WASHINGTON -- The Nationals have signed five players to Minor League contracts with an invitation to Major League Spring Training: Infielder Brandon Snyder, left-hander Braulio Lara, right-handers Derek Eitel and Dustin Antolin and infielder Corban Joseph have all been signed with a chance to compete for bench and bullpen spots in Washington next season.
Snyder, a former first-round Draft pick with the Orioles who attended high school in Virginia, has played in 120 career Major League games with four teams, most recently with the Braves in 2016. He is a career .242/.279/.459 hitter but knocked four home runs with a .907 OPS in 37 games last season in Atlanta. Snyder, who will turn 30 on Wednesday, has played the corner infield positions most often but also has some experience in the outfield.
Lara, 27, split time last season with the Giants' organization and in the Korea Baseball Organization. In 25 appearances at Triple-A Sacramento in 2016, he posted a 3.90 ERA with 25 strikeouts and 13 walks in 27 2/3 innings. He compiled a 6.70 ERA in 16 games (nine starts) for SK Wyverns.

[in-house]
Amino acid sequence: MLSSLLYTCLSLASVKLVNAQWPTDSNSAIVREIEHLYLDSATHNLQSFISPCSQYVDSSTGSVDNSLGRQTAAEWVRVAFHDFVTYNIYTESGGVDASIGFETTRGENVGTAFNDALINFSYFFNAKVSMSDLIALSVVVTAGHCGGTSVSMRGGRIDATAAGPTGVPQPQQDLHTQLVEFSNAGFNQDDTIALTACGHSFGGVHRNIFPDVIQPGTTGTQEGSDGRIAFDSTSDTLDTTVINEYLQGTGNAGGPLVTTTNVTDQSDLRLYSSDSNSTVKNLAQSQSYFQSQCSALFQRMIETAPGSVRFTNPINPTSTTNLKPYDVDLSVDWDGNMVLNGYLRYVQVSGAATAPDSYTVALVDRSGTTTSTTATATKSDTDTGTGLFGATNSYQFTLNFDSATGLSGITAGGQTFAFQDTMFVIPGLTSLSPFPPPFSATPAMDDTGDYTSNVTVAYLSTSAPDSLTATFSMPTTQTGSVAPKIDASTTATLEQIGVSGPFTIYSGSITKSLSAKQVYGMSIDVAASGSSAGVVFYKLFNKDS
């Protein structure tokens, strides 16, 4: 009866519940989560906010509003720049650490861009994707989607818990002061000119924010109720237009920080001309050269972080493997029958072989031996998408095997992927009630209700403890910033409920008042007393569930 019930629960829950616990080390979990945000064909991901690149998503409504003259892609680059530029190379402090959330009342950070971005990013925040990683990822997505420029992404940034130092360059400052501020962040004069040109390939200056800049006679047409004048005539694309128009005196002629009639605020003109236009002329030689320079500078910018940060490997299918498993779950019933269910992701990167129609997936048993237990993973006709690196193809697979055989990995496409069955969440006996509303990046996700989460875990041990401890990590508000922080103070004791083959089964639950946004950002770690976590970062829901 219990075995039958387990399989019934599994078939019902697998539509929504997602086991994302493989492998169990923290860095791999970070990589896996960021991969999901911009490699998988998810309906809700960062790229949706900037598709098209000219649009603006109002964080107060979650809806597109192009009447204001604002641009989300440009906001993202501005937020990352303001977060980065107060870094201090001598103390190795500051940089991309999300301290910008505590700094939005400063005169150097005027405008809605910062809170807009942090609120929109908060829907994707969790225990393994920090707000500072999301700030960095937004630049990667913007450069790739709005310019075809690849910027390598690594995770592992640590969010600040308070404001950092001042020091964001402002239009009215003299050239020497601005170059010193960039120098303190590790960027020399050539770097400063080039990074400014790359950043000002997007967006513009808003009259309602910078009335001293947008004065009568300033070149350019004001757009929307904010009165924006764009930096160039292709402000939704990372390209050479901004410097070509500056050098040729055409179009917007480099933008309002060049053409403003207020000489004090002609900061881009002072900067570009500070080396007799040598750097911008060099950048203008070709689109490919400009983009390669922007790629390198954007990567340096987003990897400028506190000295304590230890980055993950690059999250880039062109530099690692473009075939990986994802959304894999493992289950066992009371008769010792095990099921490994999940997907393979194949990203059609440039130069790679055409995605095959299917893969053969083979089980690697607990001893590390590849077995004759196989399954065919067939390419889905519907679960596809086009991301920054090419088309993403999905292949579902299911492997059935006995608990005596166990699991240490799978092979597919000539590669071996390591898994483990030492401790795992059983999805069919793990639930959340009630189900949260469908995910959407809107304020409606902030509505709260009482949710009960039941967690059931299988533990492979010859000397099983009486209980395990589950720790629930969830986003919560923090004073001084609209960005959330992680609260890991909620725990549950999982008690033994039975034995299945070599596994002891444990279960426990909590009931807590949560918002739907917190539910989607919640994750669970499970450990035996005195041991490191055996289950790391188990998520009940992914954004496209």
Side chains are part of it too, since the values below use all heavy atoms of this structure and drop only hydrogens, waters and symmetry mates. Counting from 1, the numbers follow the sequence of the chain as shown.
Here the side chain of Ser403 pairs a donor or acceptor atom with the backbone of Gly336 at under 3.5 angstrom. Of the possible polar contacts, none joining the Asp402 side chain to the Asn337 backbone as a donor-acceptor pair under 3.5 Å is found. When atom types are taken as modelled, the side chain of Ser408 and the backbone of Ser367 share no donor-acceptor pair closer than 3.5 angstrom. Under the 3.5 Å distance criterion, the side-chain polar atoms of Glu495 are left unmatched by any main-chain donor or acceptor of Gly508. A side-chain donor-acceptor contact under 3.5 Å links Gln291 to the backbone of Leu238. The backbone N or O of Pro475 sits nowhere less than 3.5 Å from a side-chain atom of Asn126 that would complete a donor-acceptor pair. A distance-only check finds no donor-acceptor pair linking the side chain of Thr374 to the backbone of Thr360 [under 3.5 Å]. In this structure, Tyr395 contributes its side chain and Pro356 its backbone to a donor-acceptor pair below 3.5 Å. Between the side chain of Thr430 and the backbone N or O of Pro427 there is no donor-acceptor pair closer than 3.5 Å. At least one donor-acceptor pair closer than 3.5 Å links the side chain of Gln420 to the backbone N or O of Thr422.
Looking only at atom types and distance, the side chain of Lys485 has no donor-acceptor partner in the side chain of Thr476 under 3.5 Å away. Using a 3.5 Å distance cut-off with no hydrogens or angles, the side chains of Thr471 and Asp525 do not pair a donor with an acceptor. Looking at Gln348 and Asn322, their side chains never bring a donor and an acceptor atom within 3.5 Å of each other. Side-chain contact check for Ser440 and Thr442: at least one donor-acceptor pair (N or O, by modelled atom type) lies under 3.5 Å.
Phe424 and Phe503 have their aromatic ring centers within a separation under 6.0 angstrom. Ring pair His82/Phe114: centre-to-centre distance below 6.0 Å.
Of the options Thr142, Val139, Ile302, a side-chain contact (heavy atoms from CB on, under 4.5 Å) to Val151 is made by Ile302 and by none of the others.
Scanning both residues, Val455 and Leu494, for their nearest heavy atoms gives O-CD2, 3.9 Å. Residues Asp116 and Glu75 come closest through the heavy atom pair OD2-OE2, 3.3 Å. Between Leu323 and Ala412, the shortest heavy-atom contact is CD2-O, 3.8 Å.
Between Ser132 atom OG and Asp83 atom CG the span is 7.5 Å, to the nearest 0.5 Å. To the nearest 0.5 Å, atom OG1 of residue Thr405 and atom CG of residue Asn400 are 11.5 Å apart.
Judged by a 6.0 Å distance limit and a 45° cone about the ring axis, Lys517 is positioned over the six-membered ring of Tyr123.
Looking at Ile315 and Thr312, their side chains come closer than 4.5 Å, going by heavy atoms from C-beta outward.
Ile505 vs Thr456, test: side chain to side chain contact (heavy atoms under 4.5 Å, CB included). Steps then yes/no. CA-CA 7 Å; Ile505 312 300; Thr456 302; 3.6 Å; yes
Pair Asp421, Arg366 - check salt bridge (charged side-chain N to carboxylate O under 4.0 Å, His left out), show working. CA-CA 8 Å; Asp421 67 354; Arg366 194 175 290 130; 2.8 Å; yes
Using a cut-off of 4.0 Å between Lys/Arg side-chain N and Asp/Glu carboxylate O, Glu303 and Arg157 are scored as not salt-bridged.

Eitel, who turned 29 on Monday, pitched in 54 games last season for the Padres' Triple-A El Paso. He had a 3.67 ERA with 71 strikeouts in 68 2/3 innings.
Antolin, 27, spent the past nine seasons with the Blue Jays organization and made his Major League debut this year. He pitched two innings against the Rays on May 16 and surrendered three runs on four hits. He posted a 2.04 ERA in 46 games with Triple-A Buffalo, registering 10 saves and 61 strikeouts in 53 innings.
Joseph, 28, spent the 2016 season in the Orioles' organization where he hit .315/.369/.442 in 107 games between Double-A Bowie and Triple-A Norfolk. He has spent most of his time playing first and second base in his career, although he also has some experience at third, giving him potential as a utility infielder. He appeared in two Major League games in '13 as a member of the Yankees.
Jamal Collier covers the Nationals for MLB.com. Follow him on Twitter at @jamalcollier. This story was not subject to the approval of Major League Baseball or its clubs.